Resistance to Abiotic Stress: Research on somatic hybridization for resistance to abiotic stress has been focused on the families Fabaceae, Brassicaceae, Poaceae, and Solanaceae and relates to cold and frost resistance.
Cytoplasmically encoded features such as some forms of male sterility and specific antibiotic and herbicide resistance traits are among the traits that are useful for agriculture. Resistance to antibiotics, herbicides as well as CMS has been introduced in so many cultivated species.
In somatic hybridization, the cytoplasm and nuclei of both parents are combined to form a hybrid cell which has the traits of both the fused parent cells. Somatic cells can be generated by somatic hybridization which consists of 3 stages: protoplast fusion, selection of hybrid cells, and identification of hybrid plants. Hybrid plants produced by somatic hybridization enable the construction of hybrids between taxonomically distant plant species beyond the limits of sexual crossability. These hybrid plants have better qualities/traits including disease and abiotic stress resistance. Despite the benefits, only a few commercial varieties are available as the progeny obtained are sterile and chromosomally unstable.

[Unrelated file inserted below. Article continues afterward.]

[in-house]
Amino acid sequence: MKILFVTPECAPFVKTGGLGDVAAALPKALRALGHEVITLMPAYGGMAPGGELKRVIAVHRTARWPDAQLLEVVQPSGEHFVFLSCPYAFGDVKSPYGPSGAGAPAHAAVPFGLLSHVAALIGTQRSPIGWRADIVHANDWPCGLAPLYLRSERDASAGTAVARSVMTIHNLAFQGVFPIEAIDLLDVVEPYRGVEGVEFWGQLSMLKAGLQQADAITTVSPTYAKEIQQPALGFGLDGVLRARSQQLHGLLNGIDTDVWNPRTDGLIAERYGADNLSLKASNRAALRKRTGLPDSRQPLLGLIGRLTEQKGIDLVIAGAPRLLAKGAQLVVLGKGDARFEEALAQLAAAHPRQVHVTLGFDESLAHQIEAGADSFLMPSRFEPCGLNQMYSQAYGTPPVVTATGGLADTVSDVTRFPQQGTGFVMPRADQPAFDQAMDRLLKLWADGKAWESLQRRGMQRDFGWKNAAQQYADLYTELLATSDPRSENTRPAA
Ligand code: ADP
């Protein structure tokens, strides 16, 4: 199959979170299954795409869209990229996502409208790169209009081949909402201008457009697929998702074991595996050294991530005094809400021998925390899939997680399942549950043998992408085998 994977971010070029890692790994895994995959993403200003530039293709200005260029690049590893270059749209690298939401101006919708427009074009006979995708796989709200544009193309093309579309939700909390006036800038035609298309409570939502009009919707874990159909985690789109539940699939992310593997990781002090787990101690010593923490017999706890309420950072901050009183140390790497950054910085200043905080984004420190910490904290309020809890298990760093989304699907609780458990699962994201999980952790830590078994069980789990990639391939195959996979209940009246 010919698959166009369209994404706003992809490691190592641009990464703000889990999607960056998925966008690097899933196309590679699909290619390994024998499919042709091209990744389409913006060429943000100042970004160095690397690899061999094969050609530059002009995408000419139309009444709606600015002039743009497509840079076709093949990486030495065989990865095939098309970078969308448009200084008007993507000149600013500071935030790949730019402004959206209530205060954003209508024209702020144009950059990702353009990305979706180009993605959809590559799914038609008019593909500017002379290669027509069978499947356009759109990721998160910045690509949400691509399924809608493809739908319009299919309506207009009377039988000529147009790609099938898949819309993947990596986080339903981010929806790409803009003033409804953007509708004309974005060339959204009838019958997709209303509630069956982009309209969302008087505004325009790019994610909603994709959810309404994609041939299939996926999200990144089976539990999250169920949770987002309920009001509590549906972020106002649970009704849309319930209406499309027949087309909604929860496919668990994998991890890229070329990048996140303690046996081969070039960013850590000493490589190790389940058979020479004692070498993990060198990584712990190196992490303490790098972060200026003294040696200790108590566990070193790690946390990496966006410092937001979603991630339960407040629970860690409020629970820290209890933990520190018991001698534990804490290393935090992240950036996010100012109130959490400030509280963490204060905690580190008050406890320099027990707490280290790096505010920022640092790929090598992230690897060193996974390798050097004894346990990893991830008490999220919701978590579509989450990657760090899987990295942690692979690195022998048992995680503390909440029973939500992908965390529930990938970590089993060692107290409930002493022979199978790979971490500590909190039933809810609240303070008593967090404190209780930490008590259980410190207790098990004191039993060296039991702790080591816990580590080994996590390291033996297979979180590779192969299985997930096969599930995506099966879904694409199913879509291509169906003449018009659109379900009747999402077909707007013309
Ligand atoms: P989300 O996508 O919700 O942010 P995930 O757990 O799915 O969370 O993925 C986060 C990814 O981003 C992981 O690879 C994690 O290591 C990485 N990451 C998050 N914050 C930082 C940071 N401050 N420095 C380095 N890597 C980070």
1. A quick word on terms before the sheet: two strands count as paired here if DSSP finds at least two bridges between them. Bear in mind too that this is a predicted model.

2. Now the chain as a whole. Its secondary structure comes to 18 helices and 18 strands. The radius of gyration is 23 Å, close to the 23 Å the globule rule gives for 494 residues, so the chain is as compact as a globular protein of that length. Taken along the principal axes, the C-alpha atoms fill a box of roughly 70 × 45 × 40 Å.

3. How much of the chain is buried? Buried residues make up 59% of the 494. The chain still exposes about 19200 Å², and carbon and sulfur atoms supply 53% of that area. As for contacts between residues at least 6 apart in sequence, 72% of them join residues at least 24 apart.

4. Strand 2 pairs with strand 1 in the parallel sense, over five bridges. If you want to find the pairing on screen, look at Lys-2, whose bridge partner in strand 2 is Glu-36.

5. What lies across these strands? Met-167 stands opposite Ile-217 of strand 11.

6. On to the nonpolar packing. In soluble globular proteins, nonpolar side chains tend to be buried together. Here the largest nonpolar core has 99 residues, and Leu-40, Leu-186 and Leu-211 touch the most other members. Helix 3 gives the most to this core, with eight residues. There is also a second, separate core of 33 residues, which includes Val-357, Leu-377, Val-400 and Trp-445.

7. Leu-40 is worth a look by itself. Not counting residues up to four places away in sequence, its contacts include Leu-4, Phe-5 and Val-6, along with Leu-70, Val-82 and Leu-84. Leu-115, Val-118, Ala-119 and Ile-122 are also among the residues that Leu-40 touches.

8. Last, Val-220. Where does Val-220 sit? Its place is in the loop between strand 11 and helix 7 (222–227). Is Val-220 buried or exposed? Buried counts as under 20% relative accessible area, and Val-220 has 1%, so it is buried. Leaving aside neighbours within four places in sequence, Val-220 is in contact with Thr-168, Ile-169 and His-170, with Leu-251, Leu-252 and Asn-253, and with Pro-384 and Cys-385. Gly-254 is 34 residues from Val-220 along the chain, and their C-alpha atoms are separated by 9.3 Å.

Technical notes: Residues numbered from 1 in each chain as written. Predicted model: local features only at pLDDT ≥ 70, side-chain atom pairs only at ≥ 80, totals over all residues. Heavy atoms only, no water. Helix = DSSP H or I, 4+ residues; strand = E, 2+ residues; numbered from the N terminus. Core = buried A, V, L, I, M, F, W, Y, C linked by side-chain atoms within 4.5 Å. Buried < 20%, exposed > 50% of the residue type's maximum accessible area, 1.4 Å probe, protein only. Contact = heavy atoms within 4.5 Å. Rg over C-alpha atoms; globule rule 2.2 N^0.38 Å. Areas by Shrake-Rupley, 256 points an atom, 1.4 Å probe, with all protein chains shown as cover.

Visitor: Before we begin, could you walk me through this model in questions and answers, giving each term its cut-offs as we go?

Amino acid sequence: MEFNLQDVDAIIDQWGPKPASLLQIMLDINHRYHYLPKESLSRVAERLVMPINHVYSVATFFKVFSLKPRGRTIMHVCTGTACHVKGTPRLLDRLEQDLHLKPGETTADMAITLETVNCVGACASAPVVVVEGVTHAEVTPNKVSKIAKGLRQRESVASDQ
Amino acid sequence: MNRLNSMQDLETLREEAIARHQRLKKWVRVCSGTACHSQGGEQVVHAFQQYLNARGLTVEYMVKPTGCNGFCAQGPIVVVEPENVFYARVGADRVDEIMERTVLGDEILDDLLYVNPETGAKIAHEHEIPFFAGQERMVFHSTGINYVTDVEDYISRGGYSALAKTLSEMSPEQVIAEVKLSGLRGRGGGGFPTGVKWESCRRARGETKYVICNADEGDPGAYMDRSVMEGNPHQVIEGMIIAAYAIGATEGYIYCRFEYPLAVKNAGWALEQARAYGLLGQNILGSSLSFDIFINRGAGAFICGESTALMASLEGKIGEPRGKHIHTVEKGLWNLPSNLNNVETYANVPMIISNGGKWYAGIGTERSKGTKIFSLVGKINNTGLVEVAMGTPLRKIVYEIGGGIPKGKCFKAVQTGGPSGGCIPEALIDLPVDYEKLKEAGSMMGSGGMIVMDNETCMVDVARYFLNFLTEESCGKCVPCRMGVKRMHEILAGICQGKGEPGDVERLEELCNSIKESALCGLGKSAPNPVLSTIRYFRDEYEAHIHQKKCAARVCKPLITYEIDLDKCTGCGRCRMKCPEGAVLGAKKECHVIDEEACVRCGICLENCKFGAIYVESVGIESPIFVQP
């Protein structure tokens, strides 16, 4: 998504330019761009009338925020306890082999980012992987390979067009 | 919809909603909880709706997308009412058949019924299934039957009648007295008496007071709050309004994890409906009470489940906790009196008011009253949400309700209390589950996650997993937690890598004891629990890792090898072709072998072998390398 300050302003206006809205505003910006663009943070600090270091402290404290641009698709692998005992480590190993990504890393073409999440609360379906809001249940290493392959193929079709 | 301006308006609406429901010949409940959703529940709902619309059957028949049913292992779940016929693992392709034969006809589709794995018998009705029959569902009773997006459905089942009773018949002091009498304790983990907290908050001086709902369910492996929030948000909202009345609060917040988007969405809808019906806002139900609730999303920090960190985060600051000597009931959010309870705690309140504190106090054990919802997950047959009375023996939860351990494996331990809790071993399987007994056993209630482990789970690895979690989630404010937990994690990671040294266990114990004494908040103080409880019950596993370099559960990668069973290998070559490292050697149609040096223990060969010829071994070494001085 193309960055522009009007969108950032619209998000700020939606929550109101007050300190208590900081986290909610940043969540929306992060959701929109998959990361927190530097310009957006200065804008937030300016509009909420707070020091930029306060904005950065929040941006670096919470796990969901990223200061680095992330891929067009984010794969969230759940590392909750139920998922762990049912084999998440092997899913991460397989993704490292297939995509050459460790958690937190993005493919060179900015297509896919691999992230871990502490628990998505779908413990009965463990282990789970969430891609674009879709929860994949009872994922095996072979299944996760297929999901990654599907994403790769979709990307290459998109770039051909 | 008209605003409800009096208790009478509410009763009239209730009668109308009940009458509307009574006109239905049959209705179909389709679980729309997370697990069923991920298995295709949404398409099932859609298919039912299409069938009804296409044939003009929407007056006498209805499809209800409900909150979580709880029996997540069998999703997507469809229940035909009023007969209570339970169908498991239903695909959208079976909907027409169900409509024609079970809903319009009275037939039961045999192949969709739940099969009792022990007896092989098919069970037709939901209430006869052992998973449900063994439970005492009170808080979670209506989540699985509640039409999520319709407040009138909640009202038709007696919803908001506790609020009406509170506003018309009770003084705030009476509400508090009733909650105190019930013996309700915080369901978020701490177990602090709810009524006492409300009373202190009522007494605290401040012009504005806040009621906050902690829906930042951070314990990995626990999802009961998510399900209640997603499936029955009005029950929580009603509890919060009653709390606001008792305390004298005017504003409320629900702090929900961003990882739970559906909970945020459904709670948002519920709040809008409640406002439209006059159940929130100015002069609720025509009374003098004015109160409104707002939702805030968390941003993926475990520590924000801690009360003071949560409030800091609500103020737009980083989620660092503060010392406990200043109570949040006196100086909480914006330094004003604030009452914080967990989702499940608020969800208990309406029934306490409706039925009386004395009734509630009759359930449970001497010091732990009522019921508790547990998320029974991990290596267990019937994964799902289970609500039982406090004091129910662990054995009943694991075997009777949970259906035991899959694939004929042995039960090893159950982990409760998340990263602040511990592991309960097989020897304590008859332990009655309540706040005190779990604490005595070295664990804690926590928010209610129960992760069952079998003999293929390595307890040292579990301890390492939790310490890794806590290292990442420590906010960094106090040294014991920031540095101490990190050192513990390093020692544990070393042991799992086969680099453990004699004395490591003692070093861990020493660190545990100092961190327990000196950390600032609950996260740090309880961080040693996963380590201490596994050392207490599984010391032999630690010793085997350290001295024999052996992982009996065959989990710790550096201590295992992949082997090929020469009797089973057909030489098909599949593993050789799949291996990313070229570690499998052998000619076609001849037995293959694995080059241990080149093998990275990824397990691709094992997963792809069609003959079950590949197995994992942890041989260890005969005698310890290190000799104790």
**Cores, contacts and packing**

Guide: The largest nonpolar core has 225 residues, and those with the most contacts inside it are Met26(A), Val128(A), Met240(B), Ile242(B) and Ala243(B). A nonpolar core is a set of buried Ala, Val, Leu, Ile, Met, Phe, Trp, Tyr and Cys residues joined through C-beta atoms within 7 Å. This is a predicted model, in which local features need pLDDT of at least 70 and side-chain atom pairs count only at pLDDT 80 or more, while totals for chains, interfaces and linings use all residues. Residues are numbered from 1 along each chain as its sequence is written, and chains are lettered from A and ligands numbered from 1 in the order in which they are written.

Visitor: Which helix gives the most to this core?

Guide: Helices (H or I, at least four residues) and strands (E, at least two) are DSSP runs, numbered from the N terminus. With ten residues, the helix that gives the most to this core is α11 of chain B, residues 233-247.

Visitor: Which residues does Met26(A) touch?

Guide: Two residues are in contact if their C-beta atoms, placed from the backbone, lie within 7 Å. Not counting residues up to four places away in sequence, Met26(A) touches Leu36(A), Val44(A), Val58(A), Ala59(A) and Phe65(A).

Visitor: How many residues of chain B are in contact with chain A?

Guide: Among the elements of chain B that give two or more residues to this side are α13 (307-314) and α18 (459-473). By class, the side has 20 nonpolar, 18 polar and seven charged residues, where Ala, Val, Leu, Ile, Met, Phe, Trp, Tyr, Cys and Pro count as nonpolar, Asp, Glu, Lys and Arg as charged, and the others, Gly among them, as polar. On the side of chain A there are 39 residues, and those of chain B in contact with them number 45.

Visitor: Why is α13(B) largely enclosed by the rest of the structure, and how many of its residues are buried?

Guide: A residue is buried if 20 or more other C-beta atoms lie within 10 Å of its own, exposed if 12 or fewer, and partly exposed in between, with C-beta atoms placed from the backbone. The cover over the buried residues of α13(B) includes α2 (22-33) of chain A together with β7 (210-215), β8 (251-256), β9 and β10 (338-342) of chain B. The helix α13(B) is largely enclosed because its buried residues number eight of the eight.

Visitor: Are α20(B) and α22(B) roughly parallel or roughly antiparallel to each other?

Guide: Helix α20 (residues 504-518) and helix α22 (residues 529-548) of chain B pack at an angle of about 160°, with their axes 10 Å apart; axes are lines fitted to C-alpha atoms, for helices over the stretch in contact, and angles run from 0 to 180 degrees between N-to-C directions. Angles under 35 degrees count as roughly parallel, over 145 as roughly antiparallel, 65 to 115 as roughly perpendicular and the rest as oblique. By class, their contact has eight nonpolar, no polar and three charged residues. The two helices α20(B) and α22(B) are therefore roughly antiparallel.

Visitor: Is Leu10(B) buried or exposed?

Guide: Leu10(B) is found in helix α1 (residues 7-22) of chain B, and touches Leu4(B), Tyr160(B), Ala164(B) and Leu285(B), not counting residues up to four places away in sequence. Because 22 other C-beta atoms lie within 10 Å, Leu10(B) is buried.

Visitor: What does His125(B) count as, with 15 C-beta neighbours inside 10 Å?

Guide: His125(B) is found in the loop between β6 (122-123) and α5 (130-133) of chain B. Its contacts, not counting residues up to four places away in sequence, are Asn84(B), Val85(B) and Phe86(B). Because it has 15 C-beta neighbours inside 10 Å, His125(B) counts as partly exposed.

1. How are somatic hybrids different from cybrids?
Cybrids, also known as cytoplasmic hybrids, are produced when the cytoplasm is derived from both parents and the nucleus is derived from one parent. In a cybrid, the anucleated cytoplasm of a species is fused with an entire cell of another species.